Who is Kamaruzzaman?
Muhammad Kamaruzzaman is a renowned intellectual, writer, journalist, and a senior leader of Bangladesh Jamaat-e-Islami. He is the editor of the Weekly Shonar Bangla, has authored 8 books, and penned hundreds of articles in various newspapers and periodicals. He joined Jamaat-e-Islami in 1979 and became the party’s Assistant Secretary General in 1992. He was also a popular student leader and a founding member of Bangladesh Islami Chhattra Shibir. He served as the Central President of Shibir in 1978 and ’79. Mr Kamaruzzaman has been representing his party in democratic elections since 1986 with outstanding results.
On 13 July 2010, Mr Kamaruzzaman was arrested by Awami League government, the political arch-rival of Jamaat-e-Islami, on false charges and is now being convicted to death by a politically motivated tribunal.
Why he is being targeted?
There are various reasons for Awami League to target a popular leader like him:
1. Muhammad Kamaruzzaman is a leader of Jamaat-e-Islami, the only political party in Bangladesh with an honest leadership capable of moving this country forward from the ruins of corruption, poverty, and injustice.
2. Kamaruzzaman represents the younger generation of leaders within Jamaat-e-Islami who are open to much needed reform and reorganisation of the party around the cultural synthesis of the people of Bangladesh.
3. Kamaruzzaman has been an outspoken critic of the ruling Awami League and through his writings he made people aware of government’s corruption, oppression, and abuse of power.
4. Kamaruzzaman is one of the few leaders with a vision for Jamaat-e-Islami and Bangladesh. With his massive grassroots support and his intellectual wherewithal, he is in a perfect position to bring his vision to reality.
5. Kamaruzzaman became an international face of Jamaat-e-Islami due to his diplomatic connections around the world and in Bangladesh. His understanding of the world politics and ability to elegantly represent Jamaat at the world stage was unparalleled.
With Kamaruzzaman out of the equation, the Awami League assumed that, the Jamaat-e-Islami will be a weaker political force unable to cope with changing socio-political landscape.
What are the allegations against him?
The fascist Awami regime has brought several false and fabricated allegations against Mr Kamaruzzaman. These include allegations of murder, mass murder/genocide, torture, humiliation, plunder, etc. during Bangladesh’s War of Independence in 1971. A total of 7 charges were brought against him. Mr Kamaruzzaman denied all of these baseless charges and pleaded not-guilty.
Why do you say the charges are false and fabricated?
In general, there are 3 main reasons that disqualify the allegations:
1. The charges are newly manufactured and were never heard of! Though the alleged incidents took place more than 40 years ago, no such allegations were brought against Mr Kamaruzzaman by the relatives of the victims or the state until a military-backed Awami League claimed victory in 2009 elections.
2. Immediately after the war, the new government of Bangladesh identified, punished, and in some cases killed the local collaborators of the Pakistani Army. Though Mr Kamaruzzaman was arrested after the war, the authorities did not find any complaint against him and he was released immediately.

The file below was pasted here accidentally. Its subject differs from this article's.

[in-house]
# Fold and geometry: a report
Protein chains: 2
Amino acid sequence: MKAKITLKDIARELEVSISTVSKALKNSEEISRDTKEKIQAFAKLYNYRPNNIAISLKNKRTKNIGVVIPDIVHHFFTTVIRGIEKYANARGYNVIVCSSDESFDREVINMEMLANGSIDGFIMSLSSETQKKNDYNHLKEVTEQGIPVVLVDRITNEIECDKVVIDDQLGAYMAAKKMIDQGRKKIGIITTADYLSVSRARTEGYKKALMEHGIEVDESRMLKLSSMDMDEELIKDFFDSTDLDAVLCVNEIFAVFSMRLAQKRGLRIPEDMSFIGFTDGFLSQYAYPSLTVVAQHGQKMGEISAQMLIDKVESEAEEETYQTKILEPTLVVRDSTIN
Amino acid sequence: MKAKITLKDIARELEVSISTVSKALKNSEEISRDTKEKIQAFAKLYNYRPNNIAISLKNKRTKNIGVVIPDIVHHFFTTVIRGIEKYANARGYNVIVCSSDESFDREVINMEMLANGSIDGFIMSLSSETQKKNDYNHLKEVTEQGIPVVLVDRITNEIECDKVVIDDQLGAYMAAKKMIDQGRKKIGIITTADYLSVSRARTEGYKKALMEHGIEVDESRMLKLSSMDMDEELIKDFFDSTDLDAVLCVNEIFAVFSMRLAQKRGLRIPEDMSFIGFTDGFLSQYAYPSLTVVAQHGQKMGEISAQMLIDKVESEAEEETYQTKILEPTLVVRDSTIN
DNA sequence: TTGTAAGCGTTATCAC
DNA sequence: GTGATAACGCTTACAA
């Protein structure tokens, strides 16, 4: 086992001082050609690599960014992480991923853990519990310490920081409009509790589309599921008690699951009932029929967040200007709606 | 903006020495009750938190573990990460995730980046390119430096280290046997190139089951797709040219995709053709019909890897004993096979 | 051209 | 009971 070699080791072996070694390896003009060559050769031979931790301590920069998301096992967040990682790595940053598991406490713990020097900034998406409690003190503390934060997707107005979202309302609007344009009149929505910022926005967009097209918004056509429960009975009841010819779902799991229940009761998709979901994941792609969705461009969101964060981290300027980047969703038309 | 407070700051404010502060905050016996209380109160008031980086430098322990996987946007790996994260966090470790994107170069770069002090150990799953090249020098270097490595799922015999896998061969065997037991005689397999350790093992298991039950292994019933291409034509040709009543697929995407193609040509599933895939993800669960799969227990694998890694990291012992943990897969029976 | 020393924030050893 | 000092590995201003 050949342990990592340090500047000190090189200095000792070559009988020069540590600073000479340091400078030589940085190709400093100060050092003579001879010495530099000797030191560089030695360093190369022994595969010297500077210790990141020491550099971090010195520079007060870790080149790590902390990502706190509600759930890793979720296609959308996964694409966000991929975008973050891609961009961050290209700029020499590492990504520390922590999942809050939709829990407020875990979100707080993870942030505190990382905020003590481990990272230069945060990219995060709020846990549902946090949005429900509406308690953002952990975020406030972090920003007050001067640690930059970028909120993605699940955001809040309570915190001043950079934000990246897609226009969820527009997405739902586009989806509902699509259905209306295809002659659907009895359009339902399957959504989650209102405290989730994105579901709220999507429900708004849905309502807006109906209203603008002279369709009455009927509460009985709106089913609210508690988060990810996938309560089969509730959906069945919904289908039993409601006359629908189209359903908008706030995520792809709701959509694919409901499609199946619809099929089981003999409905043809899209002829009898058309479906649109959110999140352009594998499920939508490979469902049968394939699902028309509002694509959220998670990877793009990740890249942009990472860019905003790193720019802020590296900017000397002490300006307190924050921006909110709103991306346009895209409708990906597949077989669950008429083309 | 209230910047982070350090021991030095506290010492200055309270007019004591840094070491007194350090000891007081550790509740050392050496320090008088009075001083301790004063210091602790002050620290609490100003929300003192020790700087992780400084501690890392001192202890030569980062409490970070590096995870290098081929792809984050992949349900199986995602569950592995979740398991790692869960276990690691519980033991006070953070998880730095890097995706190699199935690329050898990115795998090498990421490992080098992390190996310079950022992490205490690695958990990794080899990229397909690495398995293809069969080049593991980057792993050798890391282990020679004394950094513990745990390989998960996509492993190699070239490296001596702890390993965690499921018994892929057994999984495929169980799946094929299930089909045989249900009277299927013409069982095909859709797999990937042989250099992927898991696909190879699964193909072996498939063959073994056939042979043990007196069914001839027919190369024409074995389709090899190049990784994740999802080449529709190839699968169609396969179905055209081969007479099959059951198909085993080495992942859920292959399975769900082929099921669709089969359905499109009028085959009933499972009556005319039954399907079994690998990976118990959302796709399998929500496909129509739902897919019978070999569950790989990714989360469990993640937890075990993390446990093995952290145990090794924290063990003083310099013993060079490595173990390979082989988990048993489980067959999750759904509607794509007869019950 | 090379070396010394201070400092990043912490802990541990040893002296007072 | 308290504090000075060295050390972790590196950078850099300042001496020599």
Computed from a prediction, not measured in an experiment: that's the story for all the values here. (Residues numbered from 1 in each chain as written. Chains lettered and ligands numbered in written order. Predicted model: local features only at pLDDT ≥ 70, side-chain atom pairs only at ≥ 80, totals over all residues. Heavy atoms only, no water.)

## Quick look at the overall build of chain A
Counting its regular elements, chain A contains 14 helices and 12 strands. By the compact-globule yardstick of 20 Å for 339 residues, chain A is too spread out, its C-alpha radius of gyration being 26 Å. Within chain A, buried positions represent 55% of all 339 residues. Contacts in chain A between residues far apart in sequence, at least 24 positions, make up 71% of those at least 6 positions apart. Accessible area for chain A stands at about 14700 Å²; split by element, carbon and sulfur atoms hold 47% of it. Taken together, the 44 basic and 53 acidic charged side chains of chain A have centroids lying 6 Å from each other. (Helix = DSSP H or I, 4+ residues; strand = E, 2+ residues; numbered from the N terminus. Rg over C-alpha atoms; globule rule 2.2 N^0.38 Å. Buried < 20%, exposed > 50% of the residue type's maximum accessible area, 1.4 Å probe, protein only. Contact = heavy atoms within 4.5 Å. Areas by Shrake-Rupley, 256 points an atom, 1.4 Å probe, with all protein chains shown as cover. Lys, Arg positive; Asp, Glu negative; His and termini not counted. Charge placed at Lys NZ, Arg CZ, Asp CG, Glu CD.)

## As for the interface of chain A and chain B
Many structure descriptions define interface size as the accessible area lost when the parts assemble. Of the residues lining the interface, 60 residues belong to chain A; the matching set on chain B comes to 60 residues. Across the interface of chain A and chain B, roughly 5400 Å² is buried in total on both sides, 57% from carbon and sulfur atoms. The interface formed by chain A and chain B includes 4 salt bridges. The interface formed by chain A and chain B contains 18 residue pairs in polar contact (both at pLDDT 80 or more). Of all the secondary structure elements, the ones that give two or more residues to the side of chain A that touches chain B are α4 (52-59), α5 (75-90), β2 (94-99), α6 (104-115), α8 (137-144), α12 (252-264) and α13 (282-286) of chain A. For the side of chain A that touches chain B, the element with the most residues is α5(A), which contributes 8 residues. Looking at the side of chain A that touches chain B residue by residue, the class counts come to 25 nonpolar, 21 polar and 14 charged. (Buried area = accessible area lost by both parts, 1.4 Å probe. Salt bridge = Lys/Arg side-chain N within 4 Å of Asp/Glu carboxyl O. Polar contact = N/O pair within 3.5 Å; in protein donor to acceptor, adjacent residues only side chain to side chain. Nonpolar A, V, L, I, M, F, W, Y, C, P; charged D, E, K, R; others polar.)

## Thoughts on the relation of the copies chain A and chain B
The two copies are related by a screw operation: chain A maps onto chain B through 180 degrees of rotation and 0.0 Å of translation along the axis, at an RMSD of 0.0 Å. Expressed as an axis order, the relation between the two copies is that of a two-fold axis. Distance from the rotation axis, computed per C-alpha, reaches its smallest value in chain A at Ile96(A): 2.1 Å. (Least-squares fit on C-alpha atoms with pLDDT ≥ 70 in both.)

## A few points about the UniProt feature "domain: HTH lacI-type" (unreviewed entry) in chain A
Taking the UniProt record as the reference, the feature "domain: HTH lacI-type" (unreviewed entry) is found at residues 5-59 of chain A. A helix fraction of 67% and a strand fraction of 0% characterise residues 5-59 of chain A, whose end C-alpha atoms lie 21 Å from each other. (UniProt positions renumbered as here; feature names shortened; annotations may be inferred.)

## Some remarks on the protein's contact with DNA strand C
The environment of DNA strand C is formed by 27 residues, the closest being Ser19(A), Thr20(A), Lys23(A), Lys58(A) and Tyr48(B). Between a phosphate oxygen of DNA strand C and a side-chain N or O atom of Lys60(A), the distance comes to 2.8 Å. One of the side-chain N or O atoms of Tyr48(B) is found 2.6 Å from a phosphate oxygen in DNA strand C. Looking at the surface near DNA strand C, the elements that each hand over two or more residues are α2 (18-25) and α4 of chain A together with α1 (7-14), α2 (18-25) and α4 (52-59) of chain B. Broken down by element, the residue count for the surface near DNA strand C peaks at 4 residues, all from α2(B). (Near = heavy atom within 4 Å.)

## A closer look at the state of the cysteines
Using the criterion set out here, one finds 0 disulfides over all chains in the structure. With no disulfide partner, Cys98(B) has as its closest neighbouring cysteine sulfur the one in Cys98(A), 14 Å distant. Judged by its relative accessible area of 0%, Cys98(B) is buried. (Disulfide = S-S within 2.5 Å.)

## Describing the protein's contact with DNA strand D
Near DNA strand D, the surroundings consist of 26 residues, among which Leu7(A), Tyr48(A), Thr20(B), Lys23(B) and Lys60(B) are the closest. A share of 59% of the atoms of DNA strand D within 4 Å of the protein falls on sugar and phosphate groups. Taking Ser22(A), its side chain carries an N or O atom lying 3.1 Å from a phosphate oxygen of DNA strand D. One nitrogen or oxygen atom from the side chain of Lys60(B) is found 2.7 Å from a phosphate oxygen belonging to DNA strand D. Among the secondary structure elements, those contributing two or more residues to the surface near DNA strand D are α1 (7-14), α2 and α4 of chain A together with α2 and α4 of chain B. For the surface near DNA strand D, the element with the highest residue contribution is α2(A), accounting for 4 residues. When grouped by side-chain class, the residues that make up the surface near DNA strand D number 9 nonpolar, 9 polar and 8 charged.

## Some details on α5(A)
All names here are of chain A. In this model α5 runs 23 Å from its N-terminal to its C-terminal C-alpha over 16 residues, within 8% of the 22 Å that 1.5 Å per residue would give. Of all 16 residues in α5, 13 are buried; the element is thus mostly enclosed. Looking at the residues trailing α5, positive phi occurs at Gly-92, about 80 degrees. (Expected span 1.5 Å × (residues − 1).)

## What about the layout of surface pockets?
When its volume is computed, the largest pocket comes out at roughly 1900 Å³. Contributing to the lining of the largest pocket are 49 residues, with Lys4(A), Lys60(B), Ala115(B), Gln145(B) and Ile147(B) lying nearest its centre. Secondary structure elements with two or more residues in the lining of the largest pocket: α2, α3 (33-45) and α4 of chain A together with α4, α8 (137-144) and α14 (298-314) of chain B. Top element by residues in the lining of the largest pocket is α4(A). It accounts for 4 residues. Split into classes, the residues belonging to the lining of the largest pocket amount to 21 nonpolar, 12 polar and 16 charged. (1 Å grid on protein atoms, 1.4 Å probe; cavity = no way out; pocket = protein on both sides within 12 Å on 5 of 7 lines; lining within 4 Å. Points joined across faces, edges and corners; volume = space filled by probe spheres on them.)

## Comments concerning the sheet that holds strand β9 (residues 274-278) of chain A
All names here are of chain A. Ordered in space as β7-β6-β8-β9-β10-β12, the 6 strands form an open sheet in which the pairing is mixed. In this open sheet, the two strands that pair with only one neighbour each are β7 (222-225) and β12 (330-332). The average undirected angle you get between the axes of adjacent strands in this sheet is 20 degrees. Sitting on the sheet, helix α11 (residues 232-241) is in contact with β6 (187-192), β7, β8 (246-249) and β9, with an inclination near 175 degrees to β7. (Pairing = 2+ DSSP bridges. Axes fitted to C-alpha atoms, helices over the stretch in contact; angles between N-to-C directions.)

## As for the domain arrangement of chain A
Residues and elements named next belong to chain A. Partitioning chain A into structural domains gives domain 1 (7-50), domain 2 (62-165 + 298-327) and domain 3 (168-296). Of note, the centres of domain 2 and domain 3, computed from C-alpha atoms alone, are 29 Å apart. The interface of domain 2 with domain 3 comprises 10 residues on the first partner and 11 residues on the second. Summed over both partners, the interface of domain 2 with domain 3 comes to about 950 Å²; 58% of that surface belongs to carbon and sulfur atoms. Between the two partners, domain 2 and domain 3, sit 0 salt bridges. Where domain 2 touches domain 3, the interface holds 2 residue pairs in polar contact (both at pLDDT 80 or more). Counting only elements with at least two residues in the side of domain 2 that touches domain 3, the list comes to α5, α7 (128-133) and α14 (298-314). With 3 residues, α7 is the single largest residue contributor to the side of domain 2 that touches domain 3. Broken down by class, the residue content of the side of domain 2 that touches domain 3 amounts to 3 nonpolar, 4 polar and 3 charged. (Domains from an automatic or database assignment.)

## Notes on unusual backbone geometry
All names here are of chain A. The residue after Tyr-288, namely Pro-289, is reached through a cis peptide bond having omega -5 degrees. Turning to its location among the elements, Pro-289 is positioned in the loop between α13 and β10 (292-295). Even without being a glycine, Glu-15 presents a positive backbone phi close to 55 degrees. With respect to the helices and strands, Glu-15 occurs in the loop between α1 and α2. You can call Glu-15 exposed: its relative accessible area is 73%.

3. Mr Kamaruzzaman was born in 1952. During the war, he was only 19 years old! It is impossible that an 19-year-old would assume leadership role of a large paramilitary force like the Albadr or direct a professional armed force like the Pakistani Army, as claimed by the delusional state prosecutors.
A detailed charge-wise analysis could be found here.
How biased and politicised was the court?
The sole purpose of the special tribunal, supposedly set up to deal with “Crimes against Humanity” during 1971 war, is to persecute the top Jamaat-e-Islami leadership. That is why the Awami League government was not particularly interested in maintaining any standards in setting up the courts, passing legislations for such courts, or proceeding with the trials. Since the people of Bangladesh are very sensitive and emotional regarding 1971 Independence War, it is very easy for a Third-World government to dumb down the historical intricacies and treat everyone who opposed independence as criminals. That’s the chance the Awami League government took. And with the help of a spineless judiciary, they are set to achieve their goal of silencing their most effective political opponent. It was absolutely clear, from the very beginning, that these courts are merely kangaroo courts, where standards of law and justice are blatantly disregarded and the verdicts have already been decided before the trials have begun. Several key incidents made this obvious:
1. As revealed in #SkypeGate, the judges of this mockery of justice were directed by Ziauddin Ahmed, a member of a notorious anti-Jamaat group. He was not an official of the court and yet, like a Czar, he controlled every aspect of the tribunal. On many occasions, he has written orders that were handed down by the court as-is. He has also designed a guideline for the judges and a basic structure for all the verdicts to come, way before the trials completed.
2. A number of the Tribunal members participated in the so called Gana Adalat Commission (or People’s Court) that prejudged these cases in the early 1990s. Indeed the former Chairman of the Tribunal is listed as a member of the Secretariat of the Commission.